More on Buenos Aires

In 2008, I’ll have spent more time in Buenos Aires than in any other city. It has the laid-back European vibes of Montreal, but with a South American flavor.

Ryan and I are living in a barrio called Palermo Hollywood, a part of town where there are many cafes, restaurants, and “cute little shops” (as my woman friends would say) that would be at home in SF, NY, or Montreal. While it’s populated with uber-stylish porteños and porteñas (men from Buenos Aires are called porteños; women, porteñas), our unstylish selves manage to blend in without getting pummeled by Fendi bags and bad attitudes all that often. There are new condos going up all over the place, and all of them have clean lines that would look at home in Scandinavia. Palermo isn’t all slick and polished, though – the sidewalks are often torn up and many buildings are in a state of disrepair and have barred windows and doors, and the contrast makes the barrio fun to wander.

puerto madero

There is a strong cafe culture here in Buenos Aires. Many are housed in beautiful old-school buildings, but have clean, Scandinavian interiors, which makes for a rad contrast. Cafes are packed all day, and almost all of them have WiFi. There’s also no concept of “turning tables” here, so you can buy a coffee and linger for several hours without feeling pressured to leave. In fact, this is common at restaurants too – the bill (cuenta) isn’t brought until you ask for it. I love working in cafes (or rather, not in office buildings), so this working setup is heaven for me. All this makes for a very chill, low-key vibe (onda).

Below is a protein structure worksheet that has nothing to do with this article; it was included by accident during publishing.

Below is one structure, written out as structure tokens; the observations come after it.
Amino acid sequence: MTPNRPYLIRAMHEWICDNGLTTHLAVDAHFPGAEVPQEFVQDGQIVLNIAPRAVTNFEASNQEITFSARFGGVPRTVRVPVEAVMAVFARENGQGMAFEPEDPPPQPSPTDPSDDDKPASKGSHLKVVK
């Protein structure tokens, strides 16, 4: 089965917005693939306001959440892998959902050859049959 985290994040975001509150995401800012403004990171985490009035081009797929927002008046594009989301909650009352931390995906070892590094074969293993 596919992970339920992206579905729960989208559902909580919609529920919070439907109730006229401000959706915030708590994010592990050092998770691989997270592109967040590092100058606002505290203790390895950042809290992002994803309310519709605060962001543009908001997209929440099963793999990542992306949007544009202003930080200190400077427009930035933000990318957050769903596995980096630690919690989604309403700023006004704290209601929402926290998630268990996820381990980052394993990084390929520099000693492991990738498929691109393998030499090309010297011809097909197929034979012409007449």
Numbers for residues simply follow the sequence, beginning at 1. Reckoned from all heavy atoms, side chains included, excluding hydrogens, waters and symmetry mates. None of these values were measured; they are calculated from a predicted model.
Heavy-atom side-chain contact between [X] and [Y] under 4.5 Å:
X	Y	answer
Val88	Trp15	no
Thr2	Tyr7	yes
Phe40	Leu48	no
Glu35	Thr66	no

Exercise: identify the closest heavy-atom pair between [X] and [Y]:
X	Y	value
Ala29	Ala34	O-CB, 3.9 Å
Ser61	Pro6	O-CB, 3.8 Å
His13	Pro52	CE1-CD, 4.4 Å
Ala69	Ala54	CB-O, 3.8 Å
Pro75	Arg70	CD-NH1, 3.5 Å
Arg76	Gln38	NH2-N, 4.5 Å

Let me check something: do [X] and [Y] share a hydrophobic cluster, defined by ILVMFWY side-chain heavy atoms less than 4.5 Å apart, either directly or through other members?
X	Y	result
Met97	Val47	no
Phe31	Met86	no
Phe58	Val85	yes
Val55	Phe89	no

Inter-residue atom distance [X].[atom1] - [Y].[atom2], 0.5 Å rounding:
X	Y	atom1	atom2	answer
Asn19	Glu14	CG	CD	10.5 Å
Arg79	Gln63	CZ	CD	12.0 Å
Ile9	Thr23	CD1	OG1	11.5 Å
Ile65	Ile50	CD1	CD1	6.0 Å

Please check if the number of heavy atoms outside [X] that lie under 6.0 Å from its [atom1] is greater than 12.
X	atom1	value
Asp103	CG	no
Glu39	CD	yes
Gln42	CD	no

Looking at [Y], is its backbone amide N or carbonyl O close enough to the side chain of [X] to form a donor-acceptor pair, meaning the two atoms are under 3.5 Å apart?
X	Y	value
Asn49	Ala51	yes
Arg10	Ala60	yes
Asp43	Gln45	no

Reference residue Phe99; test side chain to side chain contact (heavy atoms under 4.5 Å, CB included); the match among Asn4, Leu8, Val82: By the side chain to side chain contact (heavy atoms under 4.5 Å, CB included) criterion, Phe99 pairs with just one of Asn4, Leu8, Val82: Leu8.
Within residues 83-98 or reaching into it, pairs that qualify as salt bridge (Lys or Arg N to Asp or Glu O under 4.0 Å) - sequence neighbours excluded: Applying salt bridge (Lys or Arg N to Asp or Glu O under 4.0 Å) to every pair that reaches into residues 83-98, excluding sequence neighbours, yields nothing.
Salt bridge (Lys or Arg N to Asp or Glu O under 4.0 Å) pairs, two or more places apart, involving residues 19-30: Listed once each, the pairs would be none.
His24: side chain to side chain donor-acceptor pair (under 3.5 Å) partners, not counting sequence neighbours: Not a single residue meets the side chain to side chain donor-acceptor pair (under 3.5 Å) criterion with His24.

El Ateneo Bookstore

Although there are people out and about early in the morning, Buenos Aires is a late-night city. Dinnertime starts around 1030p, which means there’s a lot of time to kill between the end of the work day and dinner. Luckily I’ve found some buddies down here who do Crossfit in the evenings in the huge parks in Palermo, so I’ve been able to fill up the time. Instead of Crossfitting, Ryan takes pre-dinner siestas to recover from the many miles he spends wandering the city.


Late dinners means late start times at the bar. I’m not sure how porteños do it, but they seem to be out at the bars until all hours, and are at work early the next day. This almost killed Ryan and I – we had four nights out until 6a in the past week, and are relieved to currently be in El Calafate, Patagonia, where there’s nothing to do except hike glaciers and relax in the fresh air with cool hostel friends.

puerto madero at night

The people in Buenos Aires are amazing and friendly, with a real zest for life. While my Spanish is poor (but approaching fair), most people are approachable with a big smile. Many younger porteños speak at least some English, though as with all traveling, wild gesticulations and smiles will get you an answer to almost any question.

sleepy dog

The food here is good, though there’s not a ton of variety. The staple is the delicious steak you’ve probably heard about. It’s often served with no sauce but sometimes with chimichurri. Steak is well done here even if you ask for it to be muy jugoso (very juicy). There is a big Italian population here, and the pizzas and pastas are quite good. The Italian influence has also made the ice cream in Buenos Aires better than anywhere else I’ve had it (including Italy!) Freddo is the Baskin-Robbins of BsAs but there’s really no other comparing the two – Freddo’s ice cream benefits from loved cows and Italian recipes.


All in all, it’s a very livable city and I wouldn’t be surprised if I’m back again soon.

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